Think about it this way, after you burn your hand while cooking, just lightly brushing it with a clothe would elicit some pain. Does this mean that that is dangerous? Of course not! Your brain is simple centrally sensitized to that stimulus and makes you interpret it as more harmful than it actually is.
Another example of sensitization is when we’re watching a movie and seeing someone get kicked hard in the stomach (or another place known to hurt a lot when kicked…). We may clutch at our stomach and “feel” the actor’s pain for a second, even though we obviously have not been harmed ourselves.
This is not to say that all pain is negligent and that you should see painful activities after an injury. What I teach my patients is the difference between good pain and bad pain.
Good pain during exercises or activities:
Bad pain during exercises or activities:
A proper load management rehabilitation plan, like the one given to Ms. L., aims to produce either good pain or no pain. This is not to say that all is lost if bad pain is produced. It only means that the “ideal load” has not been found yet and we need to reduce the intensity so that good pain is produced instead of bad pain.
It is perfectly fine to take a couple of days off from exercise and sports following an injury. However, once the pain has calmed down and you feel secure in moving your body (and that serious injuries such as fractures or dislocations are off the table), it is ideal to restart gentle exercising, provided that proper load management is applied and that you are well monitored.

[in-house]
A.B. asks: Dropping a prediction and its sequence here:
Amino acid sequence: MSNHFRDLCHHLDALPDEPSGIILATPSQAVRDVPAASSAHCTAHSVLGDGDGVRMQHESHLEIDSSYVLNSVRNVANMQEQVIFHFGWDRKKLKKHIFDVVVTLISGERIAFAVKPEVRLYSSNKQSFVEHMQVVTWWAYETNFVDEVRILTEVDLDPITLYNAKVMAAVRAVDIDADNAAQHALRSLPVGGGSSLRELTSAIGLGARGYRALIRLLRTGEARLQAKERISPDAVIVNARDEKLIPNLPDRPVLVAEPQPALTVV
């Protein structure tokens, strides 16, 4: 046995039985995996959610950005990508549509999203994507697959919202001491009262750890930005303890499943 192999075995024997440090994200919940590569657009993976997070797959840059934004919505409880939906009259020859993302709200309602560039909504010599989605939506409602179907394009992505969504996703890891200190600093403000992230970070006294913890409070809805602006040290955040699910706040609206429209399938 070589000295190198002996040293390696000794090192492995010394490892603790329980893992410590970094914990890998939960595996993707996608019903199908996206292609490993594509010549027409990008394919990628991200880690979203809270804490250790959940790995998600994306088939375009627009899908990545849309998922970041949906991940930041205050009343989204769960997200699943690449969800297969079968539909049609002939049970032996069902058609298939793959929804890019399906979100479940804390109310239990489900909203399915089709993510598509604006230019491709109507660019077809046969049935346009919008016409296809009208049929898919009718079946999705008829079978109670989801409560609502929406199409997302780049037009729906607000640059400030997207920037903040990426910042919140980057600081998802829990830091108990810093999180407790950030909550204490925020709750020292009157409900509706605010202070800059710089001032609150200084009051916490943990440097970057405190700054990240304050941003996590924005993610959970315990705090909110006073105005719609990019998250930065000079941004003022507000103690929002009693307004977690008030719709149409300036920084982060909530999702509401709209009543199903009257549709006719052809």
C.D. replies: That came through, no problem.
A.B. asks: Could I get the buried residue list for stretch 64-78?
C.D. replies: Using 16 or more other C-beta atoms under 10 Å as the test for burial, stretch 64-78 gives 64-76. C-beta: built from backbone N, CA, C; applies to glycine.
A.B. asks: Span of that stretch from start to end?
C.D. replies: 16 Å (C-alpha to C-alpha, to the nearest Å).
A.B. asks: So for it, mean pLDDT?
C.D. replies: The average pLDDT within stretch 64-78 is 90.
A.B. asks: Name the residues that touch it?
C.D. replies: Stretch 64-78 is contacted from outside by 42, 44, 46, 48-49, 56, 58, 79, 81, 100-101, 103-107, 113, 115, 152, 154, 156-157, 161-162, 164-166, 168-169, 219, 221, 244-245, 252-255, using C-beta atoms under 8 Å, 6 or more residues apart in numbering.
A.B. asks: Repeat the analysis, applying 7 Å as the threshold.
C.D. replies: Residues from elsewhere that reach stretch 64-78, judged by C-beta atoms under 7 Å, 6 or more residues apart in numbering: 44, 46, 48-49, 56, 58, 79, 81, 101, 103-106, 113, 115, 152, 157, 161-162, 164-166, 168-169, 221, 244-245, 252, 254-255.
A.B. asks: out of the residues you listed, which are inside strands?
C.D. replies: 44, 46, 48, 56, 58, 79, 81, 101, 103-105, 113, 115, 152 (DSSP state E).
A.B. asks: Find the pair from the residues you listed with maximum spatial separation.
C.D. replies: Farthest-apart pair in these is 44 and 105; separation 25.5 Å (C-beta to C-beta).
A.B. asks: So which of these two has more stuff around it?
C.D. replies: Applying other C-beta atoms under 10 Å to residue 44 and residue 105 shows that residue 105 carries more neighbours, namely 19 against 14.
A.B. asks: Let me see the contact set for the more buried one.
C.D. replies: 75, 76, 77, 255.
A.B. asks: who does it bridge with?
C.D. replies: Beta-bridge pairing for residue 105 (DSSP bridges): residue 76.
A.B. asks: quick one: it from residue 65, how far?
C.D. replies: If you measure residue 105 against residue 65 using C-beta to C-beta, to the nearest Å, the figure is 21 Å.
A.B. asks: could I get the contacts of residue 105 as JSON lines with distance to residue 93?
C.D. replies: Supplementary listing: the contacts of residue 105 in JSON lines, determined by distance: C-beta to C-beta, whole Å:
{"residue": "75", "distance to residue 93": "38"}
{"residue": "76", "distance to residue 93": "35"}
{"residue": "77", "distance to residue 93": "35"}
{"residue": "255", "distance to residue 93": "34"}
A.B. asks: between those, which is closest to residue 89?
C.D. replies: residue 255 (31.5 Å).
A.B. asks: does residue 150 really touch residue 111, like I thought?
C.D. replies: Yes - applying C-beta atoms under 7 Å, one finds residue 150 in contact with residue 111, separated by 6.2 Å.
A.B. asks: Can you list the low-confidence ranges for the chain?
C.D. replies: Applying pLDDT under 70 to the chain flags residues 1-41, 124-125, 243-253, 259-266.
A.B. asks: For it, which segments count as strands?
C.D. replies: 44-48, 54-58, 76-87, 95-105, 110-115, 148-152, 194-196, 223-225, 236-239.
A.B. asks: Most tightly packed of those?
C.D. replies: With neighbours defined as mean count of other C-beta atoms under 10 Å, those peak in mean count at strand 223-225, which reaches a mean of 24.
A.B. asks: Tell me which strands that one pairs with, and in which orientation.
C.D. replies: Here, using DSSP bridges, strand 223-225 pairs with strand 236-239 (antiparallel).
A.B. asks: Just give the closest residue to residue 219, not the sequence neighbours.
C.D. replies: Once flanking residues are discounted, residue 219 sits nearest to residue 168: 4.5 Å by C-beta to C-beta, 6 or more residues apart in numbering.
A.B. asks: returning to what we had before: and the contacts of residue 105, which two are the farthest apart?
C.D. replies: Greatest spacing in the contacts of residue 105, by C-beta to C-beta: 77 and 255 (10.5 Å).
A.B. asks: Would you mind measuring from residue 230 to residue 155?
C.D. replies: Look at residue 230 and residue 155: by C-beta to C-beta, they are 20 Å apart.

Load management is superior to complete rest following an injury for the following reasons:
I prepare my athletes’ eventual return to sports with the following steps:
If any of the information or stories in this article speaks to you, feel free to check out my profile to read more of my articles or to book a 1-hour private room evaluation with me.
If you’d like to discuss any of the points raised in this article in more detail, I would love to speak to you. You can contact me by email at firstname.lastname@example.org or by phone at 438-801-0417. I currently offer free no-strings-attached 15-minute phone call sessions to discuss how I can best assist you.
Here are some suggestions of articles I have written recently, organized by topics.
An in-depth explanation of my physiotherapy philosophy: Part 1, Part 2
Neck pain: a case study, answering common questions from patients
Low back pain & sciatica: case study 1, case study 2
Knee pain: case study 1
Shoulder pain: case study 1
An explanation of referred pain
7 reasons why I love my profession
Images courtesy of: Pain Bloc, Propel Physiotherapy, Health Line, Self, Shutterstock